13 Russia Implemented complete ban on imports of US pork, beef and turkey Feb. 11 No science-based reason In December, Russia announced it would require pork imports from the US to show documentation that the pork does not contain ractopamine residues (Paylean) NPPC working w/ US government to reopen market for ractopamine-free product China Issued a statement asking for third party verification that US pork exports contain no ractopamine residues Already had ban on ractopamine Lots of volatility and uncertainty Russia & China

14 Trichinae Countries with Trichinae Restrictions: Albania Argentina (unofficial) Barbados Belarus Brazil (unofficial) Chile Croatia Colombia (lifted soon) Dominica European Union India Kazakhstan Macedonia Peru Russia Serbia (no export certificate) Singapore South Africa Ukraine Venezuela

15 Impact of Trichinae Restrictions on US Pork Exports Dermot Hayes Iowa State University, Trade Consultant to NPB and NPPC

16 Overview Costs associated with trichinae certification for both chilled and frozen pork Chilled and frozen pork markets, shelf life issues and consumer preferences How chilled and frozen pork is processed and sold Economic costs of certification Country specific data

17 Certifying Frozen Pork Example: A customer asks to buy frozen picnics that are trichinae certified The USDA will provide cert if it can make sure that time/temp conditions met, this requires monitoring A third party will handle freezing and paperwork for $ per pound A special label is then used to identify the boxes that contain the certified picnics This is added to the capital costs associated with the ownership of the meat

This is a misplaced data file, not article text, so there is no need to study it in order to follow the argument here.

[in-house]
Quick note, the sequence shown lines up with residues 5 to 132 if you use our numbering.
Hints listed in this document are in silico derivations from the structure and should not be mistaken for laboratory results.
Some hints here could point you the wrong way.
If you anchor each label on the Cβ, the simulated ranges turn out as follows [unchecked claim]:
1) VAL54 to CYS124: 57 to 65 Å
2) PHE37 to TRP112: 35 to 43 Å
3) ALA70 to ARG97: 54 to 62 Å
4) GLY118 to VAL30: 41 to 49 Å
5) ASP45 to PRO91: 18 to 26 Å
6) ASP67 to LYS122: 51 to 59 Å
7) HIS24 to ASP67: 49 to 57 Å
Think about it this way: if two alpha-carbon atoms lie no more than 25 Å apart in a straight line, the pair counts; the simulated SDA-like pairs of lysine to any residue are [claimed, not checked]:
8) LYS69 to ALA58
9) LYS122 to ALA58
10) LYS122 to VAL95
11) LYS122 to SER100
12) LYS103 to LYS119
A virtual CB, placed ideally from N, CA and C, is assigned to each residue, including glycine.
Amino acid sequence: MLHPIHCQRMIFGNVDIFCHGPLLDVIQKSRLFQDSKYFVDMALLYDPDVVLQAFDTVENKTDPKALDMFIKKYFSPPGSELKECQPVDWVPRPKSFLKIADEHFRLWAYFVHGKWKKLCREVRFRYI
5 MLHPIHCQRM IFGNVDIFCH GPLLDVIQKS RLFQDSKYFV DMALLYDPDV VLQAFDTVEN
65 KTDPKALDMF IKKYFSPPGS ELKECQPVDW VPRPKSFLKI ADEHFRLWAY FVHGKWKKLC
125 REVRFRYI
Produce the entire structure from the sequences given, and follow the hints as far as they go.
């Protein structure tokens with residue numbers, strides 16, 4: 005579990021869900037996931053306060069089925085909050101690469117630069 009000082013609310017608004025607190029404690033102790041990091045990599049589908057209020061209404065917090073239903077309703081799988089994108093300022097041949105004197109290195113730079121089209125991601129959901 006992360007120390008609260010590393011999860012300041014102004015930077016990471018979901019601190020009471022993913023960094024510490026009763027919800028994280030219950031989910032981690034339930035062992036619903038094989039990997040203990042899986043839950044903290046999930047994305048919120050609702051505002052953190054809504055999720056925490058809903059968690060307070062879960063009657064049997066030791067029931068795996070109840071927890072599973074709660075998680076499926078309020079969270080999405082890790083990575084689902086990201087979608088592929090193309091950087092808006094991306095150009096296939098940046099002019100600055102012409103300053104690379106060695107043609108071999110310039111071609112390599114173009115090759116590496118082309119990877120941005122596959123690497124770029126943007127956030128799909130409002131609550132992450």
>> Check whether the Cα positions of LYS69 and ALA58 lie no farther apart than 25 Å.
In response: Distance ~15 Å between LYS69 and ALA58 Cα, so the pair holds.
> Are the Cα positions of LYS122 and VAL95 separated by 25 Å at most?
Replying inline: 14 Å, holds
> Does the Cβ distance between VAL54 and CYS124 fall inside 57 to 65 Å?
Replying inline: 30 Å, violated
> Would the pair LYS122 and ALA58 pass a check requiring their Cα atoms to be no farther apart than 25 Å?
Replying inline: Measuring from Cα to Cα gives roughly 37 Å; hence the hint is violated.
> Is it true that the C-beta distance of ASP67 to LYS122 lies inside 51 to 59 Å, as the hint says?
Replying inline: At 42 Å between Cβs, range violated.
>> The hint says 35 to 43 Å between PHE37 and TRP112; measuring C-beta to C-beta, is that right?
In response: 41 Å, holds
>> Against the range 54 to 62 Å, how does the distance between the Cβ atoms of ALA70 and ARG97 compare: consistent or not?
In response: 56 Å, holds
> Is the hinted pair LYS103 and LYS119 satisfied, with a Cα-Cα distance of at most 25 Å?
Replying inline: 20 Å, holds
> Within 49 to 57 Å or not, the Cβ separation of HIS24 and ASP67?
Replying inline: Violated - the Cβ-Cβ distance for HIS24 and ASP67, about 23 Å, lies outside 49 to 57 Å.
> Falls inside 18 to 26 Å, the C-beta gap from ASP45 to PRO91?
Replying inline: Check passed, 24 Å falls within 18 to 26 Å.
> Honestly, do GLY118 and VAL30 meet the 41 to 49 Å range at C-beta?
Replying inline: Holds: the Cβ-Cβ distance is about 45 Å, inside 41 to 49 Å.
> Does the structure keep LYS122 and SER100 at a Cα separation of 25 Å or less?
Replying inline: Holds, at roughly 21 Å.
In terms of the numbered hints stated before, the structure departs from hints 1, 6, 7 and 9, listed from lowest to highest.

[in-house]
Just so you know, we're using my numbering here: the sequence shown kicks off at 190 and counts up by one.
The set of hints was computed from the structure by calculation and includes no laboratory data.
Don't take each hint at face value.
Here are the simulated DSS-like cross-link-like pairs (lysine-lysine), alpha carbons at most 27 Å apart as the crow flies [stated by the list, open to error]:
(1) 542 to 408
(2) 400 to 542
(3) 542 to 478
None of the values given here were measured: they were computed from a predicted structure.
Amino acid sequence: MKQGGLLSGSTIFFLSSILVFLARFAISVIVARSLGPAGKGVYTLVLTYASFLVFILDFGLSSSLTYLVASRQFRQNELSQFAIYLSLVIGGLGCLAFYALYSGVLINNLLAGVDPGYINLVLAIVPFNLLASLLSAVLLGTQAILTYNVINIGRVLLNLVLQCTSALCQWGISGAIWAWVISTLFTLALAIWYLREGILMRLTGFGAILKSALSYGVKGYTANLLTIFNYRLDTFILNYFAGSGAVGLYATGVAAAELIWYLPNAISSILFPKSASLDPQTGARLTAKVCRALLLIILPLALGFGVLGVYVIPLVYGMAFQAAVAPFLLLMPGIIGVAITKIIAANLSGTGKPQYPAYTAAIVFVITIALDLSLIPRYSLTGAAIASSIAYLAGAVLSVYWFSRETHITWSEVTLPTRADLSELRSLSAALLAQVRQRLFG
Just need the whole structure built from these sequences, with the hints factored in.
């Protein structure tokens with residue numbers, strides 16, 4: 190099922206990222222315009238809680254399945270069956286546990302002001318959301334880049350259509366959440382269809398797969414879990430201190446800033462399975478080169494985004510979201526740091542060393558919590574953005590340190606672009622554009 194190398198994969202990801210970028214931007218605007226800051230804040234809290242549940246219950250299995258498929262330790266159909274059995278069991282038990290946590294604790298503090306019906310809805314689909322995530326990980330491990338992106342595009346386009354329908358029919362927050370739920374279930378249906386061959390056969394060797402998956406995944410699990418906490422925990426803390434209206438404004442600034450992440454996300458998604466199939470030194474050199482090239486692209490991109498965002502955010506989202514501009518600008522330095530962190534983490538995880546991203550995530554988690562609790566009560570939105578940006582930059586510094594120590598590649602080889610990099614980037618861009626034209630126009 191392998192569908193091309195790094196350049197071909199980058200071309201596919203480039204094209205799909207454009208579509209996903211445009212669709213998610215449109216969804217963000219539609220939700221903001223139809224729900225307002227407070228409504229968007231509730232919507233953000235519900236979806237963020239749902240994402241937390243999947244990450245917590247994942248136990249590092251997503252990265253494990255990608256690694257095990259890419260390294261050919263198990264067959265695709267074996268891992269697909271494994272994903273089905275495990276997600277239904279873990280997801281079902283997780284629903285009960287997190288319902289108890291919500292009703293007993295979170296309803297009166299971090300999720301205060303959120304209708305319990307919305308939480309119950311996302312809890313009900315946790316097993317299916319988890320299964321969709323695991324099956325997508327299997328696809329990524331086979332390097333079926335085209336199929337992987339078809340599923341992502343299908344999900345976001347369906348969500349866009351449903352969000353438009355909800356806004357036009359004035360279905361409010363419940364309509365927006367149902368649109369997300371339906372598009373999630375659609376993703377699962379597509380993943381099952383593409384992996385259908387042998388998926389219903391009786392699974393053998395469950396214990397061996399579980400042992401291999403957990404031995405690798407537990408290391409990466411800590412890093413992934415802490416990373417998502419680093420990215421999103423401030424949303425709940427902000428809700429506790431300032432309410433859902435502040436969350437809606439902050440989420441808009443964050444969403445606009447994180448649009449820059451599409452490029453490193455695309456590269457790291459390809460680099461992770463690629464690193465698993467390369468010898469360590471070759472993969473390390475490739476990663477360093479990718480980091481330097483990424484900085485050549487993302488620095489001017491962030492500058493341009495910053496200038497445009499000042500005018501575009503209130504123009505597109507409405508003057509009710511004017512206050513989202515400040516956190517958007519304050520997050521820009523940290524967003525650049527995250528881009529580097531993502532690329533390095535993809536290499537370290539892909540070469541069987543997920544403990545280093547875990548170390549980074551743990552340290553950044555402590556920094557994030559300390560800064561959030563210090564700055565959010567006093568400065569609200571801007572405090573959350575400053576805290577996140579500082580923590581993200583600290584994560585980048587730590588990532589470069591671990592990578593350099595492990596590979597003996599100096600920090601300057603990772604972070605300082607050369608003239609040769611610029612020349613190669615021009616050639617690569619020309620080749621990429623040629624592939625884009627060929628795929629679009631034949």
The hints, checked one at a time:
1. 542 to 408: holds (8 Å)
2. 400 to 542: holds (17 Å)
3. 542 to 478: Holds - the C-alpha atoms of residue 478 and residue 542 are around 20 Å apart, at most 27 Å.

18 Testing Fresh or Chilled Pork Example: A customer asks for chilled picnics with trichinae cert Plant identifies a group of animals for testing so guaranteed enough picnics The animals are slaughtered and processed separately from other animals Sample taken from diaphragm of each of the animals and sent for testing The lab combines a group of 100 samples and searches for trichinae larvae, if the sample is free then the carcasses are certified Lab cost is $0.01 per pound of carcass. Paperwork and segregation costs equal $0.02 to $0.04 per pound depending on the facility, (larger facilities have higher costs), industry average is $0.044 per pound Picnics sent to the customer and the rest of carcass sold to customers that do not require a cert

19 Markets for Chilled and Frozen Pork In general, importing retail consumers prefer chilled pork and processors prefer frozen pork Because of limited shelf life, chilled pork can only be sold to countries where shipping time and customs clearance make it feasible Countries that currently import chilled US pork include Japan, Mexico, Canada, Taiwan and South Korea In theory, US can export chilled pork to the EU, Russia, China and all of Central and South America

20 Markets Where Frozen Requirement is the Barrier Kazakhstan, Singapore, South Africa, Ukraine EU and Canada can provide pork to these markets without additional $0.10 per pound cost Importers prefer spot purchases from these sources rather than the paperwork and capital costs and time associated with the US system, this further erodes the US costs advantage